British Journal of Nursing award for nurse after leg ulcer success
A nurse from Powys who has helped significantly improve her patient's painful leg ulcers has won a prestigious national award.
Cynthia Jones, 53, from Brecon, beat nurses from across the UK to win the British Journal of Nursing's Community Nurse of the Year honour.
In her year as a district nurse leader in Brecon she has helped improve leg ulcer healing rates from 70% to 90%.
She said she was overwhelmed to win an award after 35 years in nursing.
Leg ulcers are painful open wounds that can last for months and are hard to treat.
They are most commonly caused by high blood pressure in the veins of the legs which damages the skin, causing it to break down and develop into an open wound.
According to health experts, the best treatment, compression bandages, will normally heal only about 70% of ulcers after six months.
But Mrs Jones decided to try to do something more to help those who suffer with the wounds.
She set up a leg club at a youth club in Brecon, which enables a team of nurses to treat and support patients with leg ulcers outside of a medical setting.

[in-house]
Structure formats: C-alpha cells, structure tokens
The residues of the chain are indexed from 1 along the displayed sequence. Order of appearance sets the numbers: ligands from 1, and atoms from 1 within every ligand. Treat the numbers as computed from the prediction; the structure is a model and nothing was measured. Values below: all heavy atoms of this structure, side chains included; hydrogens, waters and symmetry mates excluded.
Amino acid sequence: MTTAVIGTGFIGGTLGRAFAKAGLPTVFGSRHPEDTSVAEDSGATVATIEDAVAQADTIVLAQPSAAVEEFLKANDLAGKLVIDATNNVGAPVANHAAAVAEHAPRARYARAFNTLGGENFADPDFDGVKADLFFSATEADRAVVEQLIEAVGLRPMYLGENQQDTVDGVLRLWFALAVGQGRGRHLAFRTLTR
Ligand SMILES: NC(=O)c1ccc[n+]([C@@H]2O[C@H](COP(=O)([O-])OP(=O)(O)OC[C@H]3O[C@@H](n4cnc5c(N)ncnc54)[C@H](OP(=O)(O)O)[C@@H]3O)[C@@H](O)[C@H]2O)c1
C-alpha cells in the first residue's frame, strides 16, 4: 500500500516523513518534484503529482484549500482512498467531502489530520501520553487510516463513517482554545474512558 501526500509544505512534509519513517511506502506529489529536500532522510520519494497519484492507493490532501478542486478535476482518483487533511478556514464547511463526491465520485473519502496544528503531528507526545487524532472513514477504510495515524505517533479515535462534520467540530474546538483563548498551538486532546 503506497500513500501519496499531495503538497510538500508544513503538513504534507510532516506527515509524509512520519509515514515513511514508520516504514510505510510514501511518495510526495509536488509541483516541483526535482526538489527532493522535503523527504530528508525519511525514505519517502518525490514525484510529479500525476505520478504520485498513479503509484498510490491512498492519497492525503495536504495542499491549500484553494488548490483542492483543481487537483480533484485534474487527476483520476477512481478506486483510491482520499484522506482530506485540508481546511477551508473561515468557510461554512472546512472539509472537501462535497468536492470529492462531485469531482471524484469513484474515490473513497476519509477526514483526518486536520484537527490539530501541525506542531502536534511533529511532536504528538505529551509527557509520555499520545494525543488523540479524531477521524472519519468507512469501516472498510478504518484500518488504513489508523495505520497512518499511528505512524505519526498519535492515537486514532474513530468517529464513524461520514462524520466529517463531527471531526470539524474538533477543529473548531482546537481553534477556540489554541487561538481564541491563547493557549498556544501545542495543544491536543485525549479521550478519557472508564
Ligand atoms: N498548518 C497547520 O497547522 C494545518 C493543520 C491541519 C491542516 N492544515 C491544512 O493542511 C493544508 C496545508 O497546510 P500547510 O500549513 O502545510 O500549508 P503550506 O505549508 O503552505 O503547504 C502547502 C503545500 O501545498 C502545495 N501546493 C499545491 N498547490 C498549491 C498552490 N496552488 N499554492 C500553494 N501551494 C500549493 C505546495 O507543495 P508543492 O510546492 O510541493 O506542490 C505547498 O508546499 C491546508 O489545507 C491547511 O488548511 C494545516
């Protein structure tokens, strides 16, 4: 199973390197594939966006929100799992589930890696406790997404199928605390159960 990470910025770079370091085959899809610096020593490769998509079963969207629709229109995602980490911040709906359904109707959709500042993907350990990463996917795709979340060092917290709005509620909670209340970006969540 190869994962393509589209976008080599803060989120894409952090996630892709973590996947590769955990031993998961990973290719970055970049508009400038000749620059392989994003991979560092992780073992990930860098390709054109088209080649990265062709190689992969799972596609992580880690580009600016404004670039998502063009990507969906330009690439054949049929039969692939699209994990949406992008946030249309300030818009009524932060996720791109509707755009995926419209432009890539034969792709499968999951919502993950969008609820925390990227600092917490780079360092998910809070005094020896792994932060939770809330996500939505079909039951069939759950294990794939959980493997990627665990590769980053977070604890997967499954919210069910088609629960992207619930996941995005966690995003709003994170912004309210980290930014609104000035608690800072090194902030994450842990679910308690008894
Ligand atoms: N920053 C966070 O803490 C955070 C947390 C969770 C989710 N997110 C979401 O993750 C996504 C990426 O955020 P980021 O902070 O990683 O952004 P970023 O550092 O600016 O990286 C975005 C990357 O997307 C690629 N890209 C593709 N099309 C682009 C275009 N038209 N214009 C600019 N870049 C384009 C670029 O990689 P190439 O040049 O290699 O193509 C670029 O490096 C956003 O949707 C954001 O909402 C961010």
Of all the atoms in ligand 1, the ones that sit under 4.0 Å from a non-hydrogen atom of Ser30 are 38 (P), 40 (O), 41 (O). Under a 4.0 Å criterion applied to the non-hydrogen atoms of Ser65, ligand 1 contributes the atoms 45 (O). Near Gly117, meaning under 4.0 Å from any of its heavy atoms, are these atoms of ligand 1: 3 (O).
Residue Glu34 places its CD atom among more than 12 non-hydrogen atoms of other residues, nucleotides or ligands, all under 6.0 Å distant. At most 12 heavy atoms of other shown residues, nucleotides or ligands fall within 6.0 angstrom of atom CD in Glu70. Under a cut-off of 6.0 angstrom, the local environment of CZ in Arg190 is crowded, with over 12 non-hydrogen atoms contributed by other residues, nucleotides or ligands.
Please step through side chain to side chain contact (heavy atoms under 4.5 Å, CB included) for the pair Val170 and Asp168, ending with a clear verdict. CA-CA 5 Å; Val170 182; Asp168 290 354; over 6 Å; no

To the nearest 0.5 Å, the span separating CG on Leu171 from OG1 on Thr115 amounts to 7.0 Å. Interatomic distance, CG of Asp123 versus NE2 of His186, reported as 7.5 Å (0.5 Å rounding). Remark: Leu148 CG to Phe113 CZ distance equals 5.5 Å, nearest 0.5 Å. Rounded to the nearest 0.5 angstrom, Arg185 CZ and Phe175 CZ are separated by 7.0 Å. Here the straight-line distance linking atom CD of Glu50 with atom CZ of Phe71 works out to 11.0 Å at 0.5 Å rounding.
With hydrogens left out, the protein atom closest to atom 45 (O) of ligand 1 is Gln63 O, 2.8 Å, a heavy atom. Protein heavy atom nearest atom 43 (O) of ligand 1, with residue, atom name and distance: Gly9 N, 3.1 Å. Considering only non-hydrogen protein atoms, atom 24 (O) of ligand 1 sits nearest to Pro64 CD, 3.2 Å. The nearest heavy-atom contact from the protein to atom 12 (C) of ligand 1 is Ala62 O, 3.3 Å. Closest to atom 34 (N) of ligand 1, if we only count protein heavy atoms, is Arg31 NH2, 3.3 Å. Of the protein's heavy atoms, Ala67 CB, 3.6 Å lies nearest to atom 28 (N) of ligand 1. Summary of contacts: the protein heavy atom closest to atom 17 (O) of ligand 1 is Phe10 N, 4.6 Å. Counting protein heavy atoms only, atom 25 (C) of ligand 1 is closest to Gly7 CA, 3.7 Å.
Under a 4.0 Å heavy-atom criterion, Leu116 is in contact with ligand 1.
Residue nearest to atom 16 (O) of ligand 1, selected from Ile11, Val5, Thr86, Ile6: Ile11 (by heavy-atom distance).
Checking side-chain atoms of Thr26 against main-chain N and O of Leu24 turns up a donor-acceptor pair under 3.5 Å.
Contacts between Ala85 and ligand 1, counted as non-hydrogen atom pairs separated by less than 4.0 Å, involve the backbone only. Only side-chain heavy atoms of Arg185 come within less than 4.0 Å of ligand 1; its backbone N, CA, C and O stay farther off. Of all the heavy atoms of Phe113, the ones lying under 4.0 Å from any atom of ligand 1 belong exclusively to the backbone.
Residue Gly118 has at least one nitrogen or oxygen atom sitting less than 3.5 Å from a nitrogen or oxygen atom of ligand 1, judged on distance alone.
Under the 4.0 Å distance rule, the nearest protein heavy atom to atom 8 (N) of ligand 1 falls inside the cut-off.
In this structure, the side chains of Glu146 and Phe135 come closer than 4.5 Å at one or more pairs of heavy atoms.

Since it started just over a year ago it has helped 180 members in total and sees up to 38 patients when it is held every Thursday morning.
Mrs Jones said the club had brought benefits to both the patients - who can be of all ages - and nurses.
"The success of the leg club is that it also helps people who also can suffer from social isolation," she said.
"So you might have Mrs Jones who will come and get talking to Mrs Thomas and they can share their experiences of having leg ulcers and support one another.
"And it helps the nurses too as you are no longer on your own in an office. There can be from five to eight nurses at leg club so if you need a second opinion you can ask another nurse."
As a result, leg ulcer healing rates among the patients who use the club have gone up from 70% to 90%.
Mrs Jones has also helped to set up a 'virtual ward' in the town which enables more patients to be treated at home rather than in hospital.
It means a GP, social worker and nurse get together every morning to discuss each patient and discuss their treatments.
"It means a lot for some people to stay at home and it helps keep beds free in hospital," she added.
Carol Shillabeer, director of nursing at Powys Teaching Health Board, said Mrs Jones' award was well deserved.
She said it "demonstrates how innovative and determined nurses in Powys are at providing services that meet the needs of the local community".